Resource Monitoring Tools

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There are programs available to watch various aspects of your system.



See active internet connections. e.g.

# iftop -i eth1

Will show you websites that don't close a connection, when the tab is left open. A privacy and security nightmare. This is a reason why Javascript is bad.


netstat | head -n 20


ping with the -i flag to set interval to less than 0.1 seconds (unix only and not busybox).
speedtest-cli w/owrt default luci status, real-time graphs, traffic of the lan / wan interface.
ethtool will tell you if your nic supports 1000/m


See RAM usage. Can be watched, to monitor swapping. e.g.

$ vmstat 3

Leave it running. It will update every 3 seconds.


Take htop, and go in the menus. Change the update rate to

0.1 seconds

I think this view is superior to the default. Might slow down machine, so use with discretion, (i.e. don't leave it running).



See HDD accesses. e.g.

# iotop --only
# iotop -o

only flag will show active processes only

# iotop -d 0.01  or -d 0.1

delay flag can be set to be faster than 1 second. Some writes are missed otherwise.

See also: i can't remember how often i test file system speed though. I am not working in a data center. It's never been necessary.

List Open Files

lsof Note: there are different types of lsof (e.g. busybox's)

Filesystem metadata

# dumpe2fs /dev/sda1 | less

Monitor Library Reads from PID

$ ltrace -p -pidhere-

See what a program is doing. (Note: not available on ARM deb repos)

cron monitoring scripts

monitor ip address up/down via ping


LOGFILE=$1_$(date +%A)_LOG

#setup this script in cron each minute, and also
#crontab requires historyfile / lockfile to be blanked (echo "" > file) each day or each hour, whatever you prefer.
#mkdir /var/log/networkalerts
#e.g. $ <ipaddress>
# in /etc/crontab
#*/3 * * * *   root /root/email_alerts/ #tune this frequency based on your priority
#0 */2 * * * root rm /var/log/networkalerts/*LOCKFILE
#0 0 * * *   root rm /var/log/networkalerts/*$(date +%A)*LOG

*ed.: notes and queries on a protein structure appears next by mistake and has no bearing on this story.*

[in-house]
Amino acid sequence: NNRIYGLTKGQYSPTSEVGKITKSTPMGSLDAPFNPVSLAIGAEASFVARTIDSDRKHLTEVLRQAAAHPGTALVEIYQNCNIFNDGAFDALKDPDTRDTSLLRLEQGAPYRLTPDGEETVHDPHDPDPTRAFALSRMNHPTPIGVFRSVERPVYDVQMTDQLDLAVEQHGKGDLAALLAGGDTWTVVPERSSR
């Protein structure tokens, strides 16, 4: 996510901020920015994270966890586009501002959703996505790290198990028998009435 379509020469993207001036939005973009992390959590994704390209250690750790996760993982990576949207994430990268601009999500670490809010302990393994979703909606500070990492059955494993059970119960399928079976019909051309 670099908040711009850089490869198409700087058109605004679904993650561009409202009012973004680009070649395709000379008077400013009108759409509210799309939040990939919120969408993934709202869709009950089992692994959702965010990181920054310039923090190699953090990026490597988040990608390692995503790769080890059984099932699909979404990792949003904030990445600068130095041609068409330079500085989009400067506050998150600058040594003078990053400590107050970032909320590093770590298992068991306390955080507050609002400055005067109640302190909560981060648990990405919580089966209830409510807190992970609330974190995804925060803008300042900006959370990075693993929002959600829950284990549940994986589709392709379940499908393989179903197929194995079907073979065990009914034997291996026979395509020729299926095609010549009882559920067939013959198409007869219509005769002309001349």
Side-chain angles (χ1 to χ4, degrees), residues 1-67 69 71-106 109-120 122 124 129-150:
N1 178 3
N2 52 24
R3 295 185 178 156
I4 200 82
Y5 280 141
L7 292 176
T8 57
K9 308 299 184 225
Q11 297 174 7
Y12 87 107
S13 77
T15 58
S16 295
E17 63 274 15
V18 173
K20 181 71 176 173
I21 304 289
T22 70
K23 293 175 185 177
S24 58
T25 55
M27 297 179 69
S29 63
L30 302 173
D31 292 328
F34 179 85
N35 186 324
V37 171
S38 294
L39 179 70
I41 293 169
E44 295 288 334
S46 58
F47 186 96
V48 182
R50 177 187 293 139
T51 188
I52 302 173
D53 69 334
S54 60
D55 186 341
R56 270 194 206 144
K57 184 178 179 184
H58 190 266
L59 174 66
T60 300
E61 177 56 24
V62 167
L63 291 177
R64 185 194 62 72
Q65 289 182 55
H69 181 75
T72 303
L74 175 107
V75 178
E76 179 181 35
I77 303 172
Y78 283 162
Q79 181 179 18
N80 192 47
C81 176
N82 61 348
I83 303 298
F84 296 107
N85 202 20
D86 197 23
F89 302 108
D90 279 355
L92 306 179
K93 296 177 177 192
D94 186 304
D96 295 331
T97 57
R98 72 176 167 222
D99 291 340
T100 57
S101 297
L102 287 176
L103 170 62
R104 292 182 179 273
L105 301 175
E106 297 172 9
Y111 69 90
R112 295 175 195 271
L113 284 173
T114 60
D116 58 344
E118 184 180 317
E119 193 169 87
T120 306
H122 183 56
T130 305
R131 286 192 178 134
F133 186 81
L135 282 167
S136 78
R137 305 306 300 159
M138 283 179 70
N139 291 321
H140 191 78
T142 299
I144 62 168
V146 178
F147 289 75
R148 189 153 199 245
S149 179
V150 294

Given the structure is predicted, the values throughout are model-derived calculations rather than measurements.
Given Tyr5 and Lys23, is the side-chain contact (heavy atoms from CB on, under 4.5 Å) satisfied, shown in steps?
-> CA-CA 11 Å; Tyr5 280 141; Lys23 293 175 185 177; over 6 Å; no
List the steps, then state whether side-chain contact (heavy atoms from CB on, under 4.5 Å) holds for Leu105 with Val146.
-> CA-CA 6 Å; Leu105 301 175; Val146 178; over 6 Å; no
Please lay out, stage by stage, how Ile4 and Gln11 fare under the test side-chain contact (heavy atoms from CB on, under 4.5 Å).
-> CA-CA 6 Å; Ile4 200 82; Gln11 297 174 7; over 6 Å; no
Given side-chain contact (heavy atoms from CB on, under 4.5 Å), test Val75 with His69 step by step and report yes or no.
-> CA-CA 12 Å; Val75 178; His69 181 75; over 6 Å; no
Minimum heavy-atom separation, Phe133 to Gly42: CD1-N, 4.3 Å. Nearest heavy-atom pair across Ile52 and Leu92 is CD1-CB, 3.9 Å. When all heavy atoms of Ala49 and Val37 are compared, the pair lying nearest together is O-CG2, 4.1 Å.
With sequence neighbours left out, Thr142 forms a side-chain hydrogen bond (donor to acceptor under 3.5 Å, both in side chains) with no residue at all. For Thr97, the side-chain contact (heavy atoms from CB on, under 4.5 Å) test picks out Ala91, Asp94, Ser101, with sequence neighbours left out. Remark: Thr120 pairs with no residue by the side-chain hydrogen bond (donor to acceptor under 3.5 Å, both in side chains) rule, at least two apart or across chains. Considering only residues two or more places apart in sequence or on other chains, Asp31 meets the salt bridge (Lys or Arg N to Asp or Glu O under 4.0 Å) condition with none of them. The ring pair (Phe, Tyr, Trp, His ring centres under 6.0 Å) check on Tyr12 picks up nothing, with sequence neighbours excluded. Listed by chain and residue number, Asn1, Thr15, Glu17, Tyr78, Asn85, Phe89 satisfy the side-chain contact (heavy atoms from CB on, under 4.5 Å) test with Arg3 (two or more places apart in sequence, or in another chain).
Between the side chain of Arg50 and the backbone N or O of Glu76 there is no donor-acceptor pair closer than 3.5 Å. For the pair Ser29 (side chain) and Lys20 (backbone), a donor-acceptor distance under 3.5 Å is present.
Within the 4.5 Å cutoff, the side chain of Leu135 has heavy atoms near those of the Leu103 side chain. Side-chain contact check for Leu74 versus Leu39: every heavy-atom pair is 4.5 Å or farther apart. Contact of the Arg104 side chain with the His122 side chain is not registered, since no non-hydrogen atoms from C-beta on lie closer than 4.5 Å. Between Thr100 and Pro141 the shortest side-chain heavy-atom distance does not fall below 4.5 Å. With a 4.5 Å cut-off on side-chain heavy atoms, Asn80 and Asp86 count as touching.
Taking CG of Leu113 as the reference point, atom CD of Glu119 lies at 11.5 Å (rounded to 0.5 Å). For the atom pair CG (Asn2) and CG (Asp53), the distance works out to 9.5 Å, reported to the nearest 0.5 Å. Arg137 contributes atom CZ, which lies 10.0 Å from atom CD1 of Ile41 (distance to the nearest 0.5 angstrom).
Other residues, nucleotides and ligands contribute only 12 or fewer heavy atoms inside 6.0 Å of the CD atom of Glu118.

#keep track of time
  date >> /var/log/networkalerts/$LOGFILE
  ping -c 6 $SERVERIP >> /var/log/networkalerts/$LOGFILE
#nothing after ping, as we need return value
#if return val is error (see man on ping regarding count and deadline)
# == or -eq can be used. == is intuitive, therefore better
  if test $? == 1
#if file empty
#[ -s FILE ] True if FILE exists and has a size greater than zero. Thus, you get "empty.txt" if "diff.txt" is not e>
#    for all the other tests like -s
#   [! -s file] to invert didn't work because of missing spaces (i think)
# must be space between [ and -s and also last bracket. test brackets are unintuitive so don't use them.
#  if [ -s /var/log/networkalerts/$HISTORYFILE ]
  if test -s /var/log/networkalerts/$HISTORYFILE
    exit 5
    # Use your favorite mailer here:
    # explains how to configure email for devuan
    echo "alert" | mutt  -s "Network Down" -- $NOTIFYEMAIL
    #lock file / history file
    echo "alertsent" > /var/log/networkalerts/$HISTORYFILE

hdd full

#usage: feed $1 company name/subject 
df -h | grep 100%
if [ $? -eq 0 ]; then
#send email
  echo "hdd full" | mutt -s $1 alerts@emailaddress 
  echo "do nothing"

cpu temperature

#usage: feed $1 company name/subject 
sensors | grep -e temp -e Core | cut -c 16-19 | sort | grep [[:digit:]] | cut -c 1-2 > /tmp/tmp

while IFS= read -r line
  if [ $line -gt 60 ]; then 
echo $line
echo "overtemperature detected."
done < "$input"

#send email
  echo "cpu temperature overload detected" | mutt -s $1 alerts@email 

fanspeed=$(sensors | grep -e fan1 | cut -c 14-17 | sort | grep [[:digit:]])
  if [ $fanspeed -gt 4000 ]; then 
  echo "fan speed overload detected" | mutt -s $1 alerts@email

monitor hdd usage

#must run as root for access to dmesg

SUBJECT="hdd details"

echo "" > $LOGFILE
echo "" >> $LOGFILE
echo "" >> $LOGFILE
df -h   >> $LOGFILE
echo "" >> $LOGFILE
echo "" >> $LOGFILE
lsblk   >> $LOGFILE
echo "" >> $LOGFILE
echo "" >> $LOGFILE
dmesg | grep -e sda -e sdb -e sdc -e sdd -e sde >> $LOGFILE
echo "" | mutt -s $SUBJECT alerts@email -a $LOGFILE